(I could have used Roxy's nav skills on the O stage!)
I was surprised in the days and then hours leading up to The MOMAR at how calm I was. Whenever I raced with Todd and even during my solo venture in Squamish back in May, I got pretty uptight and stressed about things until the race actually began. This time, nothing. It took me a bit to realize that this was the first MOMAR race I'd attended in years where I felt there was zero expectations on me, mostly placed there by myself of course! After proving in Squamish that I can't navigate my way out of a paper bag I knew it would be a long shot to grab the overall win, sans Todd, that I'd been dreaming of and hoping for. Damn you Nowack...I need you...please take me back!!
It's been just over a year now since I sold my mtn bike and started pursuing ultra running with 100% of my training time. I most certainly miss the bike from time to time, but the running is going so good that I'm not sure I'll throw down the cash again anytime soon. Thankfully Bryan Tasaka was generous enough to spot me his custom built Berg Bike for the race. The bike was sweet...but Bryan and I possess different geometries. After the smooth check in process, in which I love catching up with all the great people I've met through the MOMAR over the years, I took his bike for a test spin. It was my third time on a mountain bike in the last thirteen months, and outside of my daily bike commute to work, which is a 3min 600meter uphill ride, I really hadn't spun the legs lately either. Outside of the fact that I had to pull the seat post out by about 24 inches the bike felt great. Maybe I just hadn't ridden enough lately to know any different. From there it was off to the campground for a night under the stars.
Race morning and again no nerves. Todd would be shocked. One year prior I'd stressed him out and we ended up flipping our outrigger off the start of the race!
Maps were handed out and overall I liked the course. The bike leg was completely flagged which was great news. The urban nav is always a cake walk, so I was really looking at some nav on the first trek, slight nav on the second bike, and then an Orienteering course to finish it all off. I knew then and there that heading into the O stage I'd need a sizable lead over the field to have a shot at anything.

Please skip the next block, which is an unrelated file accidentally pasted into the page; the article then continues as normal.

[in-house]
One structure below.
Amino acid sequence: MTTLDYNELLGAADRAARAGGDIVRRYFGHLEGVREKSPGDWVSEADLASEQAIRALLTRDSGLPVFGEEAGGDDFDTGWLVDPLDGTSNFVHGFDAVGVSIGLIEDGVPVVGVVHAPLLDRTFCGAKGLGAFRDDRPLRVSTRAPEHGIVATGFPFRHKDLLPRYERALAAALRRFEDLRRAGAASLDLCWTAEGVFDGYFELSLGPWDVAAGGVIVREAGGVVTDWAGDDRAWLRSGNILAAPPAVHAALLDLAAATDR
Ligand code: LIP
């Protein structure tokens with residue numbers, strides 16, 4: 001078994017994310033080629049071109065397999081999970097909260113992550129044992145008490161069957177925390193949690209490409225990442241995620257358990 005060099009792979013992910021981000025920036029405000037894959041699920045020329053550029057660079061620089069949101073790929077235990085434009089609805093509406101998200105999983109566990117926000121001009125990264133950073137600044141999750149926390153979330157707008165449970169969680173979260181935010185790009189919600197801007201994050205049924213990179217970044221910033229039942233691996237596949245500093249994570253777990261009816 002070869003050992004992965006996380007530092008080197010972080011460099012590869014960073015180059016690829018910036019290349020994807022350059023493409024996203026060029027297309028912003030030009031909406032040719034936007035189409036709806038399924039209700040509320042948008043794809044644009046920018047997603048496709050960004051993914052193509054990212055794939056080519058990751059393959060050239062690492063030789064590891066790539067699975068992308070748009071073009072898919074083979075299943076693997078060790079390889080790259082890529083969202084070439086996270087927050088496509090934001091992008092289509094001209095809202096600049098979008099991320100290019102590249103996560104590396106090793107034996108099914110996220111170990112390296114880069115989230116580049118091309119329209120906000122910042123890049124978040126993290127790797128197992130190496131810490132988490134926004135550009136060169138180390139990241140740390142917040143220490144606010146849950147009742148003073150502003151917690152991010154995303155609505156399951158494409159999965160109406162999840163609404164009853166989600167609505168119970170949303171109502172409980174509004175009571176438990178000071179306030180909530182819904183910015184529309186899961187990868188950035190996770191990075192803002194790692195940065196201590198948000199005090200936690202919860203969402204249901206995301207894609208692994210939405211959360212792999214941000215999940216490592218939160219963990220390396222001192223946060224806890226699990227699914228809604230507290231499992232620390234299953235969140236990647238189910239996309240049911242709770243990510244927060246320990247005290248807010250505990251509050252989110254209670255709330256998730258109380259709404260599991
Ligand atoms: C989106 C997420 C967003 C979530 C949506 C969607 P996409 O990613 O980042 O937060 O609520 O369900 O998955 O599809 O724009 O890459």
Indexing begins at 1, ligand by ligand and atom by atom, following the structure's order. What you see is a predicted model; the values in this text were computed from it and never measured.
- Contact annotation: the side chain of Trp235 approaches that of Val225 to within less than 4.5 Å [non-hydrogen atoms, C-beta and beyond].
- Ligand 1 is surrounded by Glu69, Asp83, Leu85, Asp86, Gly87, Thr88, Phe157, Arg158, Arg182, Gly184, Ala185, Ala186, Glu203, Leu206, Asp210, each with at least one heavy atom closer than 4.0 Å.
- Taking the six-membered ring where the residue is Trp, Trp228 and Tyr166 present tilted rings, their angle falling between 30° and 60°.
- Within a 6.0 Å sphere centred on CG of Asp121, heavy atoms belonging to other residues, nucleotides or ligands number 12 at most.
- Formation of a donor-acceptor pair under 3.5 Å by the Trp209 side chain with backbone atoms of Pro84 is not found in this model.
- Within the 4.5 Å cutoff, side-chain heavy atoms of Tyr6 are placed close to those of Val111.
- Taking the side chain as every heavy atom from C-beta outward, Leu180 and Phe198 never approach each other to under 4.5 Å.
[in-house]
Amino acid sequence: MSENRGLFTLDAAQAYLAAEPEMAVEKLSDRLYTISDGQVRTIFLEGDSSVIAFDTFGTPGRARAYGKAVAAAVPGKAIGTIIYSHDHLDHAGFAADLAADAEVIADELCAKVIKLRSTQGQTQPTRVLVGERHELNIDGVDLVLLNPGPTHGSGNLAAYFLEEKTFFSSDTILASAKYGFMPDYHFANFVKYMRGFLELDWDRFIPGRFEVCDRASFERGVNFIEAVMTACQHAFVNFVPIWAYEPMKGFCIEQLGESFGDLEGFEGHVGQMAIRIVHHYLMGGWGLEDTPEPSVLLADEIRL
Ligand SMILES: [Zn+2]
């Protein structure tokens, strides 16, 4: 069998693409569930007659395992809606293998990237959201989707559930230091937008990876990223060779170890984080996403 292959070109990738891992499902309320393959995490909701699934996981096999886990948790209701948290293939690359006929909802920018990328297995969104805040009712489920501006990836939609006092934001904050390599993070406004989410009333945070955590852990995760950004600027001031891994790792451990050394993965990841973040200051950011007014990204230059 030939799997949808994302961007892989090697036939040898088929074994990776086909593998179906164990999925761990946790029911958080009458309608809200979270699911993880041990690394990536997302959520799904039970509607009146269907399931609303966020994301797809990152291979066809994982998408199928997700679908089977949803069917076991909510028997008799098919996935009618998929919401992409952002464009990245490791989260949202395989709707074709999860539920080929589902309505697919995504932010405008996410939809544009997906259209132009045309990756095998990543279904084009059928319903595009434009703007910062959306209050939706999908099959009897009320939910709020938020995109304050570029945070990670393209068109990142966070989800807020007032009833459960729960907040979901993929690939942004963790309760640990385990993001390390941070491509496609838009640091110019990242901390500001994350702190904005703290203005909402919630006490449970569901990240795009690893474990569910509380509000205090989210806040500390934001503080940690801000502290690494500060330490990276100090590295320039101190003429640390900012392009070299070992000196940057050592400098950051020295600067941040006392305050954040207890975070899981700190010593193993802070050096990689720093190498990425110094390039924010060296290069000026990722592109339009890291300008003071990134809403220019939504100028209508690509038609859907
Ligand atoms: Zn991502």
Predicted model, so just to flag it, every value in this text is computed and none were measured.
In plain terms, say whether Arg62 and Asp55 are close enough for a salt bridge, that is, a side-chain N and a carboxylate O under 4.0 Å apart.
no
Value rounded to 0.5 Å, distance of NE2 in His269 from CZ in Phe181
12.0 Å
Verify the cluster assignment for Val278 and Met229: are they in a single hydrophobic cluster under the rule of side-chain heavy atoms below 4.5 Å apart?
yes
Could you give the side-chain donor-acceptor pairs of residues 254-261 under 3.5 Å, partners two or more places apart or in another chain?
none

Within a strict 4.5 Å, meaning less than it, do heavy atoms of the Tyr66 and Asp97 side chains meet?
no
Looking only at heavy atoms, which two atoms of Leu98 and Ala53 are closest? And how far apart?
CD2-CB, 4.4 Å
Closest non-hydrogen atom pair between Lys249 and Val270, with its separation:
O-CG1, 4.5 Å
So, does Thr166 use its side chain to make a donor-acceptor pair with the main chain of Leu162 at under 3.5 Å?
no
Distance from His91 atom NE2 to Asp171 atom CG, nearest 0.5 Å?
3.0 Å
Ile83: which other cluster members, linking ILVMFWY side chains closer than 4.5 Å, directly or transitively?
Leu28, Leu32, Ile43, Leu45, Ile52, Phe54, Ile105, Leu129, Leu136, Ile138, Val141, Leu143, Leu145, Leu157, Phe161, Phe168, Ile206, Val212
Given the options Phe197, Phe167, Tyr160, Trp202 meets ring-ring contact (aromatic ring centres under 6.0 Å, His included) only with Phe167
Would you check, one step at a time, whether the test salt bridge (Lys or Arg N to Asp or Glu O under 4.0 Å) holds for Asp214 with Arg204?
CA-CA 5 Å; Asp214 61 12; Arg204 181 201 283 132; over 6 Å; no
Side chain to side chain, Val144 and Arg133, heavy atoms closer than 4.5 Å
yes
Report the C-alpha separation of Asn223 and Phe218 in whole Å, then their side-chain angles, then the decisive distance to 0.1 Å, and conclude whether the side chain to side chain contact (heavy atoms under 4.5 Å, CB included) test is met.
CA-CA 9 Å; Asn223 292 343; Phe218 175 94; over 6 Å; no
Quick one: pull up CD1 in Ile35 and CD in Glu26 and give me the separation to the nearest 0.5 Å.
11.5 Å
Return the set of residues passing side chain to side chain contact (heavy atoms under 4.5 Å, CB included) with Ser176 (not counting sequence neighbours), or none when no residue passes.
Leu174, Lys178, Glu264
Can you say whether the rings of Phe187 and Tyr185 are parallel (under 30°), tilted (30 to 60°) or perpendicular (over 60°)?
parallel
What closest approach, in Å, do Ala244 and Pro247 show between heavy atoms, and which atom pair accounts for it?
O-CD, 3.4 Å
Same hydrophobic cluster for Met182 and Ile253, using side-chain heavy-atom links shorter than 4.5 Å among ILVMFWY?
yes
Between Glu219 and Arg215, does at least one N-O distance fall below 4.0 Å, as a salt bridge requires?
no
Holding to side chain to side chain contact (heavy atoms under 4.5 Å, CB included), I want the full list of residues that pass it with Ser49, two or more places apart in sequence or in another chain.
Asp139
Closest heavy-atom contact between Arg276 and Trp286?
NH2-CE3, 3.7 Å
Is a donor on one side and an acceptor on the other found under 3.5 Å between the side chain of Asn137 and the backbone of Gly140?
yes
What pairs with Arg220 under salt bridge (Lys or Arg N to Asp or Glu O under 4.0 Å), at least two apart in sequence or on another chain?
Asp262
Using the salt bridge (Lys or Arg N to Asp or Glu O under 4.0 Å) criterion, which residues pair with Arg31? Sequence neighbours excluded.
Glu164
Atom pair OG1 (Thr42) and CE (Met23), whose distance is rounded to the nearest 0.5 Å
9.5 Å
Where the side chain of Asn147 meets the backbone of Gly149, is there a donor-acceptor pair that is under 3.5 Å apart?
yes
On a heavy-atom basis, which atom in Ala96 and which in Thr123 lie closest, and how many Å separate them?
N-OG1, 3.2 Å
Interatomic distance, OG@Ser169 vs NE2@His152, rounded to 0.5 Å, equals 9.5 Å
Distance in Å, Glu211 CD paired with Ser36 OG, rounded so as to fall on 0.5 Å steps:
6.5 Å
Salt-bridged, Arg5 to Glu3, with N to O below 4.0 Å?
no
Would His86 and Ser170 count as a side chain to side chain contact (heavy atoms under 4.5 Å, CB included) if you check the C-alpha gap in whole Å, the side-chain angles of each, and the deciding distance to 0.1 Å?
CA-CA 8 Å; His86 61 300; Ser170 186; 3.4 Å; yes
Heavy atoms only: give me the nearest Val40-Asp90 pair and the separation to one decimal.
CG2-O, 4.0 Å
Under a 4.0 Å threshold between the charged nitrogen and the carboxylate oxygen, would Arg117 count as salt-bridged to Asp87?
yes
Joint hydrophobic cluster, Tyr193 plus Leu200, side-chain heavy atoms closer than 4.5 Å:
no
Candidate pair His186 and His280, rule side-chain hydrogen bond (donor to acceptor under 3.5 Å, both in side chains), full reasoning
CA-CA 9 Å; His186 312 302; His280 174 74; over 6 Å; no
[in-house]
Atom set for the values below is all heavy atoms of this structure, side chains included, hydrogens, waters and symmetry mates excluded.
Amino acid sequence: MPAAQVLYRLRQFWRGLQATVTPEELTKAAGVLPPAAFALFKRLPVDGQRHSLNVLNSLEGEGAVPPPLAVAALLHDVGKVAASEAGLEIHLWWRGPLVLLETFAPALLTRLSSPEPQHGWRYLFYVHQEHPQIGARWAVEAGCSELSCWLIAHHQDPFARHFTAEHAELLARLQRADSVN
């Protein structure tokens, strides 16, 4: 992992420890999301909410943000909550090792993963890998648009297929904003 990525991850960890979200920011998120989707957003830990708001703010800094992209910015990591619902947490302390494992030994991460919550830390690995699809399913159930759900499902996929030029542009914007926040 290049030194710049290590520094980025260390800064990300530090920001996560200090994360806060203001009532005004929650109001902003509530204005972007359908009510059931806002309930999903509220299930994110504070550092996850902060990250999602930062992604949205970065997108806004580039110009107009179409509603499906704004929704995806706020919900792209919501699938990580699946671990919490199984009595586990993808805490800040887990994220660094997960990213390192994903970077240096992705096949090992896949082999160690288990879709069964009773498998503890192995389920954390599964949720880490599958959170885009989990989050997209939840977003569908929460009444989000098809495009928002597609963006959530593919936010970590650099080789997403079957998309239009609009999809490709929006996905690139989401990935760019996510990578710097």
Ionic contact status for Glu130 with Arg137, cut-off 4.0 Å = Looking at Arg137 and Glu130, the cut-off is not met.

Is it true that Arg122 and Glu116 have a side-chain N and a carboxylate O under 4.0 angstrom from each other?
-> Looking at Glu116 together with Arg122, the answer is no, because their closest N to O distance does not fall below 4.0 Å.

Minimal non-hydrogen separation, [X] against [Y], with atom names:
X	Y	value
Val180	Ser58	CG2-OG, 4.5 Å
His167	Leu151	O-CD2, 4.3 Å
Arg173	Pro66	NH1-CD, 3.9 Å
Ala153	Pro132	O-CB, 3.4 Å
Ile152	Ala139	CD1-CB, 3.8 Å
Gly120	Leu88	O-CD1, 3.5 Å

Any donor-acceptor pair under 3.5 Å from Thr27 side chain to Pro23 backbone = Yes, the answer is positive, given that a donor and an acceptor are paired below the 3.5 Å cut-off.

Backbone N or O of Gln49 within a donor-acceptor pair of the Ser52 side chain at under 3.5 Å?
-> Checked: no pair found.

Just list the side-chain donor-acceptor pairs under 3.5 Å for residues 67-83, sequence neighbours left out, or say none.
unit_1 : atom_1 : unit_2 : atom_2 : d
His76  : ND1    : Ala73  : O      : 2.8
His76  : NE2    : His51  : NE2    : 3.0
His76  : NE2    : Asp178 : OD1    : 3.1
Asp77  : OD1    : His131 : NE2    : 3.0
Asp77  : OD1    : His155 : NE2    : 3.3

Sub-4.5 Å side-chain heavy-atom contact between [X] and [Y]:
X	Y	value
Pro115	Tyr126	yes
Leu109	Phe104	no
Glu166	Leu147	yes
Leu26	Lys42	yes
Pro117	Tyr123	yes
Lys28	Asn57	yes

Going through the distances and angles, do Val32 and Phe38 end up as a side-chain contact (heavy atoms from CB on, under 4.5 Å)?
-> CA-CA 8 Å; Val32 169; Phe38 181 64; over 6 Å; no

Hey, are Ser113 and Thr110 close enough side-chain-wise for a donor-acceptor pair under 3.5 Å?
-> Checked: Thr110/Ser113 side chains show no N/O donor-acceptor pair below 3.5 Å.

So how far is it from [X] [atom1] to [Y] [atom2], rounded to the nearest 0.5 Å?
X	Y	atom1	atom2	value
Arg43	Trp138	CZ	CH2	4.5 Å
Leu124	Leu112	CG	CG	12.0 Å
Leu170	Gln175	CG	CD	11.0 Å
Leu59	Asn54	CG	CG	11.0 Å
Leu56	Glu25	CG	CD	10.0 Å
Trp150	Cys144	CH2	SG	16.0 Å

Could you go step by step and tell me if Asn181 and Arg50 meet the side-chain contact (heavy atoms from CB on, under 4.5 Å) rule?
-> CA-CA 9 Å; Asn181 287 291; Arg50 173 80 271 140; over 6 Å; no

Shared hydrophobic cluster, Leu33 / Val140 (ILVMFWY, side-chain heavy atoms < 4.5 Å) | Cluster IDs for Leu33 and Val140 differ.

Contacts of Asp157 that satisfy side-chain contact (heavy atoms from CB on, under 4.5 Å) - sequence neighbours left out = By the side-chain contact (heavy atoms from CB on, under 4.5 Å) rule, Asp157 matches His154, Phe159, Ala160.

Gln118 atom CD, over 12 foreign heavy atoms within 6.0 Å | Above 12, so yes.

A Beautiful Day For A Paddle
With almost 300 racers sitting on the water for the enduro course it was like a wave pool when the horn sounded. Initially I was surprised at how I was handling my Current Designs Nomad kayak and I fell into a good draft behind Norm and Graham in a double surf ski. I quickly learned however that as soon as your hull escapes the initial pull of that draft it's like a handbrake has been pulled. I grabbed a second draft before being thrown out ten minutes later. My pedals seemed to be sticky and occasionally I'd zig zag while messing with them. That was just enough for me to loose contact and get dropped like I was sitting still. This continued for most of the stage until with about 1/3 left a double passed me with such a broad hull that you could have tucked two kayaks into its draft. I took it down a notch and glided behind, knowing the extra effort would be wasted energy at that point.
(The entire course in Google Earth)
I managed to be 13th off the water, first solo kayak, and I found myself exactly eight minutes back of Markez who was in the overall lead while paddling a surf ski. Bart, the Squamish victor, was second off the water and five minutes up, also in a ski, while the main pack was just sixty seconds ahead of me. I was quite pleased with where I found myself, for as I'd learned in Squamish, if ya can't nav, ya aint' doing yourself any favors by being the first person onto the course!